But here things are a bit different, because Casey has already been traumatized—and not by her mother’s hysterics but rather by Donna’s forced strip search, which I’m fairly certain violated a whole page of social services guidelines. I’m not sure what I’d tell Sally in this situation, but I’m fairly certain I wouldn’t lie to her.
Casey took her rag doll, held her up to Gwen and said, “Here Mommy, Annie needs a kiss. She’s scared too.”
The trio kissed and hugged on the floor of Casey’s bedroom.
Farris is laying it on thick.
After a fitful night, Tuesday arrived.
Stan and June Mansfield pulled into the driveway of Gwen’s house at 8:45 Tuesday morning. Walinski had called and asked them to be at the courthouse at 9:30. It was a fifteen-minute drive to the courthouse.
So, Bill called Stan? This goes back to my earlier question—have he and Gwen talked again? Have they met again, or just spoken by phone? Are we to know anything else Bill said? Regardless, the hearing is at 10:00, so meeting at 9:30 leaves time for some discussion and planning beforehand.
Also weird, Farris has now spelled the word both “court house” and “courthouse.”
At 9:35, Walinski walked through the door looking every bit a poor man’s lawyer—blue blazer, gray slacks, red striped tie, unshined wingtips.
So, Bill is late—and underdressed. Farris is taking pains to make sure we understand that Bill is incompetent and not at all a wise pick for a lawyer. And given that he’s incompetent (and also lecherous, with designs on Gwen), I suspect we’re to have a bad feeling about the coming hearing.
He smiled broadly and went right up to Casey.
“So this must be our little girl,” he said in a loud voice.
Casey cringed and clung more tightly to Gwen.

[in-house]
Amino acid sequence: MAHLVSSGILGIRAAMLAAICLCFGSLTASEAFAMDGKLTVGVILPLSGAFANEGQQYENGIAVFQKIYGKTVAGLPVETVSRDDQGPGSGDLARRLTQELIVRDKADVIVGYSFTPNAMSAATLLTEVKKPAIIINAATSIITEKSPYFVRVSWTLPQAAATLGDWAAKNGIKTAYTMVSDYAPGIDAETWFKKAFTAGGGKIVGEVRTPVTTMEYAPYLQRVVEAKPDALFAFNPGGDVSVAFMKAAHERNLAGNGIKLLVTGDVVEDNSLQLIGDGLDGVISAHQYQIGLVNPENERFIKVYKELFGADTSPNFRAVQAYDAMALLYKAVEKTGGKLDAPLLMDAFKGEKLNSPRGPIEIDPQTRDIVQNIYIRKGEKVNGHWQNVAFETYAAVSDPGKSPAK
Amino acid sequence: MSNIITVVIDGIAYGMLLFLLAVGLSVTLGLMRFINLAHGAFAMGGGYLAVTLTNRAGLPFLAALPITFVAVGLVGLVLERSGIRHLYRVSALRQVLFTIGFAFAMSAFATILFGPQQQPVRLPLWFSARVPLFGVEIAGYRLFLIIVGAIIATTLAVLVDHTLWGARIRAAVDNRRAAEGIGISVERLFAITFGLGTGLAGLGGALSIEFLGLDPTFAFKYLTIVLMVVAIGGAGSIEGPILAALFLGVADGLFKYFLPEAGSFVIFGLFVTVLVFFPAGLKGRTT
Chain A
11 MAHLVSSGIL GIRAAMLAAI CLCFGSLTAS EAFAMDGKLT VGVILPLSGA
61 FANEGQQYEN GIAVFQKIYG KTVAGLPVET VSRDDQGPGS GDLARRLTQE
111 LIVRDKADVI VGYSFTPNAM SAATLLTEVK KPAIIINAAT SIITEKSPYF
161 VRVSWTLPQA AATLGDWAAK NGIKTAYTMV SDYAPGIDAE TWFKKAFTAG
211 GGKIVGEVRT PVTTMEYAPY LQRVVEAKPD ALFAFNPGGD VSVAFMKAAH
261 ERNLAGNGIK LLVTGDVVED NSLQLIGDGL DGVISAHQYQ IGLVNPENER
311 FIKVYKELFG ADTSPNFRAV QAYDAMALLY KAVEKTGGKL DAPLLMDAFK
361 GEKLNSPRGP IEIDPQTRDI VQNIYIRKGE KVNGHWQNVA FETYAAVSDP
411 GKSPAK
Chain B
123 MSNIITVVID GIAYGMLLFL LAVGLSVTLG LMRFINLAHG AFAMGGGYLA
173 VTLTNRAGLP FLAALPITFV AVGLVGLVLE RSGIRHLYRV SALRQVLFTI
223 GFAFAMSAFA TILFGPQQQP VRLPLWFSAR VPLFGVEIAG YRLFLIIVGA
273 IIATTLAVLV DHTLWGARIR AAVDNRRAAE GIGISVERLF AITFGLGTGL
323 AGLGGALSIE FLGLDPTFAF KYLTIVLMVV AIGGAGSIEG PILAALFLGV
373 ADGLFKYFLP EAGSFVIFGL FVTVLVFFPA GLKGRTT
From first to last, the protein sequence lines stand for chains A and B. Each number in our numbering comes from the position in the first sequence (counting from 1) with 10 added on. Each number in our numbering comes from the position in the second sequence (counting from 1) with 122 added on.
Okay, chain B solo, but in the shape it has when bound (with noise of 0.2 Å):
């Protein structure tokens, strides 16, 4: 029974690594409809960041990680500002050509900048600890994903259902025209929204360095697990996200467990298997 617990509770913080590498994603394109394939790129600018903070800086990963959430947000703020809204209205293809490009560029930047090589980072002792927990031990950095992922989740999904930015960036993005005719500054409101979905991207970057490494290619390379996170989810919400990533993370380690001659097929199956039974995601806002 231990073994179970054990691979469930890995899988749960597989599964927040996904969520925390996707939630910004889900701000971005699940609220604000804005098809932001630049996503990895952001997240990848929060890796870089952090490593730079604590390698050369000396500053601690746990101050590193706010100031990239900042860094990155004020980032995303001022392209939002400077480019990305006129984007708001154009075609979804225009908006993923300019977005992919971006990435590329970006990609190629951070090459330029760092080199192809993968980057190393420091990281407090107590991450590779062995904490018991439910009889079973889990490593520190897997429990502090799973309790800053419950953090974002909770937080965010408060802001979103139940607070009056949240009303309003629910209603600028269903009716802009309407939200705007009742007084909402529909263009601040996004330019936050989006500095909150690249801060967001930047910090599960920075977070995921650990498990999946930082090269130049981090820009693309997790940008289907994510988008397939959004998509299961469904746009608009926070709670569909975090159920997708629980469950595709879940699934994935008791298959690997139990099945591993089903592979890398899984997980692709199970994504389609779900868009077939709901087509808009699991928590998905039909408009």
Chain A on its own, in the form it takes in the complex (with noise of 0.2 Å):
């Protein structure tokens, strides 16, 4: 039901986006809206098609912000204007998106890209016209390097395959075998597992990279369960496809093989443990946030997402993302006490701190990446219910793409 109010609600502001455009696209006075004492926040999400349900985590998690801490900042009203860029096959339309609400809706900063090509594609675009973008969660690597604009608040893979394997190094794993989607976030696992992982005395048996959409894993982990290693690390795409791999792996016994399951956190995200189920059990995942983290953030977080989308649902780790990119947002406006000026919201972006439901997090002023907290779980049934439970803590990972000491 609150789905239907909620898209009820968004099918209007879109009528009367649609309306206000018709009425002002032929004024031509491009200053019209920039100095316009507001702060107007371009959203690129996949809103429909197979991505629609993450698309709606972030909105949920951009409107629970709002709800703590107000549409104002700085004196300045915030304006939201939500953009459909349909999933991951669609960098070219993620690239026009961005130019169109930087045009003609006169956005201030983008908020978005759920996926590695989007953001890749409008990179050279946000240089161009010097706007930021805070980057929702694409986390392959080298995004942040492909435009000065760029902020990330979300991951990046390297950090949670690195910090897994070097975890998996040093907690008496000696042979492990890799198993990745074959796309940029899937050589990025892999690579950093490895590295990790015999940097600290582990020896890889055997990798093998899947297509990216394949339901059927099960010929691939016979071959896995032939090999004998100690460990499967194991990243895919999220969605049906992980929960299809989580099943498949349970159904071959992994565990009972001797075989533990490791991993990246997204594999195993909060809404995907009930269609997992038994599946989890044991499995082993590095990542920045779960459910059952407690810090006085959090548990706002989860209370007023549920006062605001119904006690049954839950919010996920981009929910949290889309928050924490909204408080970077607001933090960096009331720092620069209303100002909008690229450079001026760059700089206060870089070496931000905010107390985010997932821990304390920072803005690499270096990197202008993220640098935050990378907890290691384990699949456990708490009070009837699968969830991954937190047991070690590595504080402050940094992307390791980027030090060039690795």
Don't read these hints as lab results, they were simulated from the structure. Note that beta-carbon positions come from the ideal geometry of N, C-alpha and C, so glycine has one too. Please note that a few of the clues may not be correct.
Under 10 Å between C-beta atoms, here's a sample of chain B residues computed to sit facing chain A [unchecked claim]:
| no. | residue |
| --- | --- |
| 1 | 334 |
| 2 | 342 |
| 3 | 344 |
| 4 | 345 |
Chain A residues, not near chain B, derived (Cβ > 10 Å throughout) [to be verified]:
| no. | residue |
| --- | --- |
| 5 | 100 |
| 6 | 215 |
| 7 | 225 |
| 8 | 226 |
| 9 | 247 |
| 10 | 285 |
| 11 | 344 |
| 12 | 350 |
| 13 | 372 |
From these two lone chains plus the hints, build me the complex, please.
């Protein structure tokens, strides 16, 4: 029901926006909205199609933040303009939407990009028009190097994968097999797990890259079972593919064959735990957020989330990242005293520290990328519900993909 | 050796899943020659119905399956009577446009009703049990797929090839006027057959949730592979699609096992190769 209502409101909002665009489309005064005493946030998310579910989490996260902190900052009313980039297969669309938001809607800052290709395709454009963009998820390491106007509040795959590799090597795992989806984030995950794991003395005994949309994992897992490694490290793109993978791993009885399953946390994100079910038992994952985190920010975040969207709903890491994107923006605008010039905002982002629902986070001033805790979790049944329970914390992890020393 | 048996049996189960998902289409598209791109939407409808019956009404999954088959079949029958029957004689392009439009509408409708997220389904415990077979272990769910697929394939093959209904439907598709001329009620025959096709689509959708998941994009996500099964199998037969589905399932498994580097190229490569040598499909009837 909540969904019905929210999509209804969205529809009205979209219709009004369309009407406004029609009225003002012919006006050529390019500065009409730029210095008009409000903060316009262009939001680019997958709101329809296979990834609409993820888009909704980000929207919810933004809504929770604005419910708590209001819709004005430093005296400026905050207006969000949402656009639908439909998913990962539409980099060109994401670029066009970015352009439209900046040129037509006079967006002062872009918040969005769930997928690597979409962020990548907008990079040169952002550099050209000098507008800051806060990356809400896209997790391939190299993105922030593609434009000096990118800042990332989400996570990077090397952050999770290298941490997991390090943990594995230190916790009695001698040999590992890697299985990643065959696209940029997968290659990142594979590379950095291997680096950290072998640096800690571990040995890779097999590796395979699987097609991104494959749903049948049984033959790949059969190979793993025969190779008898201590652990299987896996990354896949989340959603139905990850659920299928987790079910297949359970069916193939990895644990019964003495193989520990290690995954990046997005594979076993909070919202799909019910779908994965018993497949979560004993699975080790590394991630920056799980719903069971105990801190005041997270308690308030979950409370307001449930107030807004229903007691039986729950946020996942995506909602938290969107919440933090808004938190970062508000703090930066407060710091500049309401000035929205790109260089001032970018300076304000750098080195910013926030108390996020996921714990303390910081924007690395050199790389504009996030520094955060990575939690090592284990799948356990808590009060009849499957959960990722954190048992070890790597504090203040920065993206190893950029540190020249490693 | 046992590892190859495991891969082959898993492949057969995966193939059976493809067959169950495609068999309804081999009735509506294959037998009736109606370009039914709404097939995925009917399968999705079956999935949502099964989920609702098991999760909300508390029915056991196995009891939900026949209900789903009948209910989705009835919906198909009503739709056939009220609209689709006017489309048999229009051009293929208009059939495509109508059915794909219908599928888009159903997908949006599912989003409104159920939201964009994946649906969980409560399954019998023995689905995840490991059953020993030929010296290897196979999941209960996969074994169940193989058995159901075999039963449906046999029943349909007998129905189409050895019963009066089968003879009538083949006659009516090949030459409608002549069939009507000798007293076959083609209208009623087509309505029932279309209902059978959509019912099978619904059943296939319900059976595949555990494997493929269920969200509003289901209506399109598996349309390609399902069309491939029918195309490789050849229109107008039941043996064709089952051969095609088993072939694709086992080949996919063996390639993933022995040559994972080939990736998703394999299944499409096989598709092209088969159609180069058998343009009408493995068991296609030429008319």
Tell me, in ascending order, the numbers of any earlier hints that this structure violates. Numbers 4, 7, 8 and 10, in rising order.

“How ya doin’, Sweetheart?” Walinski said, winking in a friendly way at Casey.
Casey admitted a slight whimper.
Poor kid needs a break. :/
Bill suggests going into “the conference room” to talk, and offers that Casey can stay outside with Grandma. Poor Grandma. She always gets left out of the discussion when something important is going on!
Casey wasn’t thrilled about being separated from her mother and Grandpa, but she wasn’t panicked because being with Grandma was OK. At least that’s the way she felt until Donna Corliss entered the room at a quarter till ten.
“The ladies, the mean ladies! Grandma, help!” Casey screamed.
Corliss was embarrassed but said nothing. A twenty-something clerk who sat behind the counter turned to observe the commotion—somewhat unusual even for the emotion-laden setting of the Juvenile Court.
Gwen heard Casey’s screams from forty feet down the hall and through a closed door. She immediately burst out of the room and scooped Casey up in her arms, glared at the CPS investigator, and marched quickly back into the conference room. June Mansfield quietly—and with a bit of embarrassment—gathered up their things and went to join the rest of her family in the conference room.
Poor poor Grandma! I’m really starting to feel sorry for the woman.
Farris is taking pains to make sure we know the depth of Casey’s fear of Donna and Rita, the social workers who conducted the forced strip search. But if Casey’s trauma is so obvious to us, it must become obvious to the others in this story as well. For instance, the foster parents who take Casey if the hearing goes against Gwen are sure to notice that Casey is afraid of Donna and Rita but not of her mother, and the child psychologist who examines her will surely notice this as well.
I suppose what I’m saying is that even if Casey is removed based on Donna’s fraudulent report of fading bruises, I don’t see that being permanent unless more individuals are willing to join Donna and her boss in baldfaced lying. I suppose a social worker, her supervisor, the foster parents, and a child psychologist could all lie, but that seems a bit difficult to pull off.
At 9:55 Bill goes to check if the judge is ready. He comes back ten “anxious” minutes later. “Gwen and Stan, let’s go,” he says. The last thing we learn in this section is this:
The Juvenile Courtroom was very informal compared to the regular courtrooms in the main building . . . A place for a court reporter was on the left. They used a tape recorder unless counsel demanded a life court reporter. Walinski had not done so.
Somehow I feel like this is going to be significant.